Published: 22-02-2023 09:25 | Updated: 01-03-2023 12:41

New thesis: Occupational exposure to particles in relation to chronic obstructive pulmonary disease and cardiovascular disease

Three questions to Karin Grahn, Unit of Occupational Medicine at the Institute of Environmental Medicine (IMM)

What is the thesis about?
The thesis is about occupational particle exposure and the relation to COPD and cardiovascular diseases.

Can you tell us about some interesting results?
After adjusting for smoking, the risk of incident COPD differed between men and women. Men had higher risk if they were exposed to any type of inorganic, organic, and high levels to any combustion particles and welding fumes.

After adjusting for joint occupational exposures, smoking, bmi, and educational level, there were increased risks among workers exposed to different combustion compounds, gases, and metals, as well as to oil mist, benzene, gasoline, pulp or paper dust, and respirable dust. Effects were also seen for welding fumes and quartz dust. This was supported by an association between early biomarkers of CVD and particle exposure of respirable silica and respirable dust, even at levels below current occupational exposure limits.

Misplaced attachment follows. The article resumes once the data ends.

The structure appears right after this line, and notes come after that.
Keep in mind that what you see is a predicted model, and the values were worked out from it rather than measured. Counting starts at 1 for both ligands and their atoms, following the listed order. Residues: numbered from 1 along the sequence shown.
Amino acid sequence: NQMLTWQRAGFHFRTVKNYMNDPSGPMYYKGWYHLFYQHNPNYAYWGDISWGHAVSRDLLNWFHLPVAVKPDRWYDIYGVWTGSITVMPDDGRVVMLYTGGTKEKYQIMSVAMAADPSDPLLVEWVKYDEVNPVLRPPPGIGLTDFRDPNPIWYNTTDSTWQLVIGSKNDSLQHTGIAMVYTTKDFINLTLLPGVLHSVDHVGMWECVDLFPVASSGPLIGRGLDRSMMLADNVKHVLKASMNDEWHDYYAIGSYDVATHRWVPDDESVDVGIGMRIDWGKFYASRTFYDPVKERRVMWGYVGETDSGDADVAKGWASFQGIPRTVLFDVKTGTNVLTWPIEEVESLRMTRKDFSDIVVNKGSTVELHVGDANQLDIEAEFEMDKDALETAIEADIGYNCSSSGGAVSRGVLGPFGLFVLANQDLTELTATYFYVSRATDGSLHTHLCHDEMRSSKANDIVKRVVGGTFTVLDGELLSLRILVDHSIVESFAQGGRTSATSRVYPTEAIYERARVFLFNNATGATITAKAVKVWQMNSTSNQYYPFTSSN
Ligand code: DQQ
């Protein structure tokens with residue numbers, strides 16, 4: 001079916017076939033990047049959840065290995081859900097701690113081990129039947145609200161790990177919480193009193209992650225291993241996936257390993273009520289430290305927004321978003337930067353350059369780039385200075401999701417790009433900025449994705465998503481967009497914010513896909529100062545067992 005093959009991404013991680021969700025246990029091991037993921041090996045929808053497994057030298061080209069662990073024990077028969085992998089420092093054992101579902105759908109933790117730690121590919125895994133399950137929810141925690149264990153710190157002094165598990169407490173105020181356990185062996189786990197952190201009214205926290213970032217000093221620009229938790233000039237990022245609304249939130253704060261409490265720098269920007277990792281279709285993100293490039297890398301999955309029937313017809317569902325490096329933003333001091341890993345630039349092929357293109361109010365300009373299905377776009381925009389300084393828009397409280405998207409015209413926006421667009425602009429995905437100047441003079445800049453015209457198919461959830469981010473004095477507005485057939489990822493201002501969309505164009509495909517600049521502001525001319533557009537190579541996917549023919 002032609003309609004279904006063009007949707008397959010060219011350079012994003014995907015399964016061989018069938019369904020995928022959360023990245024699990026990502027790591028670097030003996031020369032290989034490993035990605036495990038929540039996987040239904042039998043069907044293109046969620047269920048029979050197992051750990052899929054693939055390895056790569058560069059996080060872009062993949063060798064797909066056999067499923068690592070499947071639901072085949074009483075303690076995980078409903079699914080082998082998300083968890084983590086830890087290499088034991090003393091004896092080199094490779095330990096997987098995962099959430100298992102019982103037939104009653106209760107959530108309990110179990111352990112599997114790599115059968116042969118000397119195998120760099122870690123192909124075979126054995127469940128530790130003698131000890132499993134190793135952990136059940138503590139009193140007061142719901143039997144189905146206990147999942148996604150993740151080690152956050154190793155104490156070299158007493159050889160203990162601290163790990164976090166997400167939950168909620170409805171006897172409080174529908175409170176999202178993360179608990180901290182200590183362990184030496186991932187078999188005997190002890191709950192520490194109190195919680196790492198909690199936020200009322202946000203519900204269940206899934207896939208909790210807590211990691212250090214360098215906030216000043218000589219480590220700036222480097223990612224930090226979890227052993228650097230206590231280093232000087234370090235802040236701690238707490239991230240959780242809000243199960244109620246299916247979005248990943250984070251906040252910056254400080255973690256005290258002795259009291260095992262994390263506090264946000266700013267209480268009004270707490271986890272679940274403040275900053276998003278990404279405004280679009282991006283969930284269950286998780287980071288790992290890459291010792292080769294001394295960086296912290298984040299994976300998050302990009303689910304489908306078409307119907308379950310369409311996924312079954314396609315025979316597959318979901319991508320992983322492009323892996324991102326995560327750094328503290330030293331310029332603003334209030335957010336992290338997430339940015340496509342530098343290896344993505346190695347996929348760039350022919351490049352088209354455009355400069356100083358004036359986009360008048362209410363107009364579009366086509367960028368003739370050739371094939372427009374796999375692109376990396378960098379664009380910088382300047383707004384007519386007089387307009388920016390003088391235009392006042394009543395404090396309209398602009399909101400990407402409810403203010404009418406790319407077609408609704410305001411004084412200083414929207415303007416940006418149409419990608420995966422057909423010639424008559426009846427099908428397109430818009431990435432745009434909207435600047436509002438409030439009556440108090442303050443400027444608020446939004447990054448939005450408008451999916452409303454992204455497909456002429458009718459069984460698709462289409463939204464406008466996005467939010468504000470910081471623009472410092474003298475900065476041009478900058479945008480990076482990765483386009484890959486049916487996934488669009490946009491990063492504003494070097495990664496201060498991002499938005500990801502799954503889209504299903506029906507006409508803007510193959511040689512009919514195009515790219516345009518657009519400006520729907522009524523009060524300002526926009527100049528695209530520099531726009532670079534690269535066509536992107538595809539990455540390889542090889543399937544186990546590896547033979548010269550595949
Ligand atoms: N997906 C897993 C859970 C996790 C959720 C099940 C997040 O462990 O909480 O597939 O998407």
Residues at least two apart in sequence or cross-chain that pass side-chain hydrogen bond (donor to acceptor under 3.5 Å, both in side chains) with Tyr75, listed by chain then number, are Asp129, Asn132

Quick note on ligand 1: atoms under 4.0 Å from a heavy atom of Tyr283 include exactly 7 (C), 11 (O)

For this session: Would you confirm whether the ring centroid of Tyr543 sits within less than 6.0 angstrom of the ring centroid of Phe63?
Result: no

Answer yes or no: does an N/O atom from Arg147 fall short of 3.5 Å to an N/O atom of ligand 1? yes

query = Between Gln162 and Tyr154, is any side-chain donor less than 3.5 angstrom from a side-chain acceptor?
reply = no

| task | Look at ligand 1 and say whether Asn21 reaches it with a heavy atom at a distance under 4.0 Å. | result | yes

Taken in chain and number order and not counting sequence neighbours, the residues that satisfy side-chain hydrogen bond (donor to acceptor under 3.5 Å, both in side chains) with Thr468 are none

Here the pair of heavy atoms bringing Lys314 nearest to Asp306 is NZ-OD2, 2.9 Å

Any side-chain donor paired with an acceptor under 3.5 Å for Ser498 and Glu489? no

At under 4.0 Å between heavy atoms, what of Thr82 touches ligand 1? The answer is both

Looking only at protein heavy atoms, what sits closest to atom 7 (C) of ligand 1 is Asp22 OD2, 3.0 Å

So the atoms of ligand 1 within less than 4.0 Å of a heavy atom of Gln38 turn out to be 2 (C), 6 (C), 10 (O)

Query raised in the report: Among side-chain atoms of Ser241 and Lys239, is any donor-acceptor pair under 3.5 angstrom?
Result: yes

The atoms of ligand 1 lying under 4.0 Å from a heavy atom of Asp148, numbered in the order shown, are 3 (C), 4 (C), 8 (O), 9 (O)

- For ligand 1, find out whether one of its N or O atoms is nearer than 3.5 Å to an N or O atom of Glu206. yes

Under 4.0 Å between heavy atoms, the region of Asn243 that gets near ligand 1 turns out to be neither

What further research is needed in the area? 
Research based on exposure measurments on women, and not only men, are important.

About the disseration

Time: 24 March, 9.00 a.m.
Location: Lecture hall Tor, Solnavägen 4

Principal Supervisor
Jenny Selander, Institute of environmental medicine, KI

Karin Broberg, Institute of environmental medicine, KI
Pernilla Wiebert, Institute of environmental medicine, KI
Per Gustavsson, Institute of environmental medicine, KI

Lena Andersson, School of Medical Sciences, Örebro University